BORDEAUX (Reuters Life!) - Bitter tears are falling in some glasses of ruby red Saint-Emilion wines after a Bordeaux court confirmed an earlier ruling throwing out the latest classification of one of France’s best known wine areas.
This means that some bottles of the 2006 and 2007 harvest need to change their labels, while the 2008 and 2009 vintages are in limbo.
But it’s not just a tempest in a French tea cup. The dispute over classification has already hit exports.
In August the United States barred some Saint-Emilion wines fearing the labels did not accurately describe the contents, with some 2006 and 2007 bottles carrying the wrong information.
The Bordeaux court on Monday upheld a lower court decision not to approve the Saint-Emilion classification for the 2006-2016 period because not all wines were produced in the same fashion.
“It is getting urgent to put a system in place to quickly establish a new classification,” said Philippe Thévenin, lawyer for some of the winemakers in the case.
“Only a new tasting on equal terms is now possible,’ he added. The Agriculture Ministry or the INAO wine classification body still have the option to go to the state council for a further ruling.
Earlier the French senate had proposed to keep the old classification in force until a new one was organized.
The mention of the ‘Grand Cru Classe’ classification is an important boost for wine sales, especially on export markets. The ‘bonus’ is 30 percent in the price of the bottle and a doubling of the price of the grapes at the vine.
Saint-Emilion is a Medieval village east of Bordeaux.
Created in 1955, the Saint-Emilion classification is the only one of its kind that is renewable every 10 years. Neighboring Bordeaux has remained almost completely fixed since its start in 1855 as a promotional list by Bordeaux wine traders for the Universal Exhibition in Paris.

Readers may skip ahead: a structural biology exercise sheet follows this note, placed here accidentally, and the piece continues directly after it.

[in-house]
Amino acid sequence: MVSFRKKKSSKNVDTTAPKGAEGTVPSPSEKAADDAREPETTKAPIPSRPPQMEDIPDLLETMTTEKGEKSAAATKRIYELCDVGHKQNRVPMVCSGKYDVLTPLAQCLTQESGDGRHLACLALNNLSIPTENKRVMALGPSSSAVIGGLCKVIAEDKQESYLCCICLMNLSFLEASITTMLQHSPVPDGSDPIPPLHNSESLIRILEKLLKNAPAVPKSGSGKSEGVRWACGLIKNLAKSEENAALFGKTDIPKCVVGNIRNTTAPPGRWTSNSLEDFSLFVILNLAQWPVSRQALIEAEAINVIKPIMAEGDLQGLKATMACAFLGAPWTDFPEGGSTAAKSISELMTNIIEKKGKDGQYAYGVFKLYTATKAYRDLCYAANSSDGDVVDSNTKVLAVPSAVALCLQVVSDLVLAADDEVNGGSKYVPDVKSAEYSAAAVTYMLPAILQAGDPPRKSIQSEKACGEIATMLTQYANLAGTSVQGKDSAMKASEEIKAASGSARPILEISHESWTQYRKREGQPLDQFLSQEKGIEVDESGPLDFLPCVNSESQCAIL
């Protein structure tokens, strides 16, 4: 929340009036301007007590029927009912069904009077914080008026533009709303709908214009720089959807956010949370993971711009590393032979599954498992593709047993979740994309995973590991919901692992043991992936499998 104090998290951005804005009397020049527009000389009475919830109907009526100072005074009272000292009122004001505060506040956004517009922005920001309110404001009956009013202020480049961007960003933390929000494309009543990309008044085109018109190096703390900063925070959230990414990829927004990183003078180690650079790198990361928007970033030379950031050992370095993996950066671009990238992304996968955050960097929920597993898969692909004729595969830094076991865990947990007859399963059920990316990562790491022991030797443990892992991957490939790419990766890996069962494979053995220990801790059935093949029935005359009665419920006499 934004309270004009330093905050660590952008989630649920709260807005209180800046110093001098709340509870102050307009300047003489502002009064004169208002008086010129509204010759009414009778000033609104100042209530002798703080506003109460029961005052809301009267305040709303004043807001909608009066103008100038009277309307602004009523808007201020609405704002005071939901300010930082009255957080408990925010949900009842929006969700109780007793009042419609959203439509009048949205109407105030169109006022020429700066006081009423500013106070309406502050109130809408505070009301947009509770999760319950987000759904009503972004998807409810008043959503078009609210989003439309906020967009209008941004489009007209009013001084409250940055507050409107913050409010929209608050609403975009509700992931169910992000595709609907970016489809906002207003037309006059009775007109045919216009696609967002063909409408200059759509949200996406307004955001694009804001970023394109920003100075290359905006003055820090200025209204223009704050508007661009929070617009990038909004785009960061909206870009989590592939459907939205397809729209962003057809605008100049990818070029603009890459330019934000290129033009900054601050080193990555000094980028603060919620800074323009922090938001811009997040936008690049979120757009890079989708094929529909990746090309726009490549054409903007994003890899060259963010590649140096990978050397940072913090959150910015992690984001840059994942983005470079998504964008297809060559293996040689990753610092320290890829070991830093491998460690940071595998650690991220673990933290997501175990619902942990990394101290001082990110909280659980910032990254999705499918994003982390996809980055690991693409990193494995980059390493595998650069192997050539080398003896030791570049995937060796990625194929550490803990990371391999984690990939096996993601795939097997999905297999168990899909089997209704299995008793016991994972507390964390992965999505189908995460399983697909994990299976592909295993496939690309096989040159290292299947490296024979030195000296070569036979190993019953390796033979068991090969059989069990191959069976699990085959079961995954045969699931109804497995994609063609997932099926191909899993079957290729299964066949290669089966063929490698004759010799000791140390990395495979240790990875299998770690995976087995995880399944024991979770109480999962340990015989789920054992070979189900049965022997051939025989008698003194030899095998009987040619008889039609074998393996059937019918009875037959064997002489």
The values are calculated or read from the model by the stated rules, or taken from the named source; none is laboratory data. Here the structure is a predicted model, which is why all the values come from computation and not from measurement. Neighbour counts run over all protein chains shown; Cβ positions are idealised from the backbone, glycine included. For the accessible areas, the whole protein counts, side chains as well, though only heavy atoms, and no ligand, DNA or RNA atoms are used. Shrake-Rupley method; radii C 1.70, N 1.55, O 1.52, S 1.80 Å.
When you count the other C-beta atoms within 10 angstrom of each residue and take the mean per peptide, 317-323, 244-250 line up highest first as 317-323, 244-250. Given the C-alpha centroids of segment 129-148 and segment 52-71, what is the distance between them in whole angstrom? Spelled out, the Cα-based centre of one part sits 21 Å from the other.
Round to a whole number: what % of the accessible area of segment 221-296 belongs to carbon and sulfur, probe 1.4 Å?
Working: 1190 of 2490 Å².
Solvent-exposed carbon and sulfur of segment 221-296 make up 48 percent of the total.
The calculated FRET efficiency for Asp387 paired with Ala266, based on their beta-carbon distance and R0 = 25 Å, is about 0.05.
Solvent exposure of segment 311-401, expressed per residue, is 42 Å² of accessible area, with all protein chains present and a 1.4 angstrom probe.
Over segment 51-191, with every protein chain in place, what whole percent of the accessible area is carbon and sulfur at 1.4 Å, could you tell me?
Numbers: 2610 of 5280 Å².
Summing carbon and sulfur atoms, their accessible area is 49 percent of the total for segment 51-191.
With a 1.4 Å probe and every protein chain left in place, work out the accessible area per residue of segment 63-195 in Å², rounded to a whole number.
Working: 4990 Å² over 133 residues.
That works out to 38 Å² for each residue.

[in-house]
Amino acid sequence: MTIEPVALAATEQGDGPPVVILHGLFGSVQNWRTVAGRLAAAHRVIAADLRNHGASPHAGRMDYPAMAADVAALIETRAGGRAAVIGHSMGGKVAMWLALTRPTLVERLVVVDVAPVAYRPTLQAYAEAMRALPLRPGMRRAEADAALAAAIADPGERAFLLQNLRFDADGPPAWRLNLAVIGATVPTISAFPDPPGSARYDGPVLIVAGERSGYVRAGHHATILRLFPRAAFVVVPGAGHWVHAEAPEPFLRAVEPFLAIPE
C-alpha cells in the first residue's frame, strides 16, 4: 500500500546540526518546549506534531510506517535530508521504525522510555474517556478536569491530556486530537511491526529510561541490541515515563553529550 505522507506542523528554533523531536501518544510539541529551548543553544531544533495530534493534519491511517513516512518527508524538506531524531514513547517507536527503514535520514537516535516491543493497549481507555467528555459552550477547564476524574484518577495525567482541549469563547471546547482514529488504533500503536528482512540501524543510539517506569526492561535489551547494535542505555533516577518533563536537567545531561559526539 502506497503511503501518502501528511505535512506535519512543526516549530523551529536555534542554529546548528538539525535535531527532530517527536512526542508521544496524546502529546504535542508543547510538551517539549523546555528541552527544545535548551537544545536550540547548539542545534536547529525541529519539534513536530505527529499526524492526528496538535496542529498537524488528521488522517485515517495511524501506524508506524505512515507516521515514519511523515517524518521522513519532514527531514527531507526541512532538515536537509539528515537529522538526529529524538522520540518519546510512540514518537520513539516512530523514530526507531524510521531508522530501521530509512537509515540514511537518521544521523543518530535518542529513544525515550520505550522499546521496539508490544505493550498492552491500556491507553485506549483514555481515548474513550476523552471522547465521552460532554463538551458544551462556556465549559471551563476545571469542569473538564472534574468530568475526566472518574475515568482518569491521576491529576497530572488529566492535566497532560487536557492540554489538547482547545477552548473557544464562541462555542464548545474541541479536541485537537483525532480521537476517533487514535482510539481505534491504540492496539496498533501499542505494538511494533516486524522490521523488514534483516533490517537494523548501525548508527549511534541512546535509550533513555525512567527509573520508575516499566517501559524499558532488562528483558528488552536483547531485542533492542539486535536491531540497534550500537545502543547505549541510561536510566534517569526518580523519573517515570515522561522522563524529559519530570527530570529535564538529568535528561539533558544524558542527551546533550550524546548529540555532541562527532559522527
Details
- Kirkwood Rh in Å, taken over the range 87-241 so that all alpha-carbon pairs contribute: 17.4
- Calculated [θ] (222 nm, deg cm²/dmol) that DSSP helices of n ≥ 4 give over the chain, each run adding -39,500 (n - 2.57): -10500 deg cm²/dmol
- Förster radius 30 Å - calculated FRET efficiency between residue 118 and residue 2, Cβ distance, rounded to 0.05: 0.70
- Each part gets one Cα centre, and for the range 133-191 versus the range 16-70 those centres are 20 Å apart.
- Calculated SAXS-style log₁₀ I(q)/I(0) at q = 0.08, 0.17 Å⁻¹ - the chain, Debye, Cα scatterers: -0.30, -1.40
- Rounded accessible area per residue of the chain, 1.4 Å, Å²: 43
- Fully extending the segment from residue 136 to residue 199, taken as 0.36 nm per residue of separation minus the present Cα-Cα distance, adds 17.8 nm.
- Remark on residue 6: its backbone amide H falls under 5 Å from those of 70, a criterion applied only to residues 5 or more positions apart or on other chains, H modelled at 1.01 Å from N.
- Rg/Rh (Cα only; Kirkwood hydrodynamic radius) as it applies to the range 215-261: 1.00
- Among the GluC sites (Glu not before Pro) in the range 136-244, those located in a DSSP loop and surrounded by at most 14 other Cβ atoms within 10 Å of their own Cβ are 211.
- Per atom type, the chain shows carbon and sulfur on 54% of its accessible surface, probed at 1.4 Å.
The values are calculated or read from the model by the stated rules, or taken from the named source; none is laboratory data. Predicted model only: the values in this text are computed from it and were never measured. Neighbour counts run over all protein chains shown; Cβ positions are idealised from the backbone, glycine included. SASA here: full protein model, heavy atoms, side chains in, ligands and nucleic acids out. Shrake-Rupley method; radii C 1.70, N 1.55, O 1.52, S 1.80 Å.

At the heart of the dispute is a complaint by nine wine growers who did not get the rating they wanted.
They claimed that the committee which had drawn up the new classification — which has happened every 10 years since its creation in 1954 — was biased.
Traditionally, the wines of Saint-Emilion are a blend of different grape varieties, the main ones being Merlot, Cabernet Franc and Cabernet Sauvignon. There are 800 winegrowers who produce some 450,000 hectoliters of wine, of which 159,000 hectoliters are classified wines.
The vineyards, combined with neighbors Pomerol and Fronsac, make up one 10th of the Bordeaux region wine growing area.
The 2006 classification had 15 Premier Grand Crus Classees and 46 Grand Crus Classees out of 91 candidates.
Between the disputed 2006 classification and the expired 1996 classification there is no change in the top Premiers Grand Crus Classes A sector — those are still the family-owned Chateau Ausone and Chateau Cheval Blanc, which is owned by LVMH luxury goods group chairman Bernard Arnault and Belgian businessman Albert Frere.
The new 2006 ranking has 13 Premier Grand Clus Classees in the B segment, against 11 in 1996. Chateau Troplong-Mondot and Chateau Pavie-Macquin having been added to such names as Angelus, Belair, Canon and Figeac.
Among the “losers” of the Grand Crus were Chateau Bellevue, Cadet Bon, Faurie de Souchard, Guadet Saint-Julien, La Tour du Pin Figeac, Petit Faurie de Soutard, Tetre Daugay, Villemaurine and Yon Figeac.
And wines like Belfont-Belcier did not get the rating they wanted. “I feel like the sucker on service,” owner Dominique Hebrard told Reuters.
For more Reuters stories on wines see [nWINE]
Writing by Marcel Michelson, editing by Paul Casciato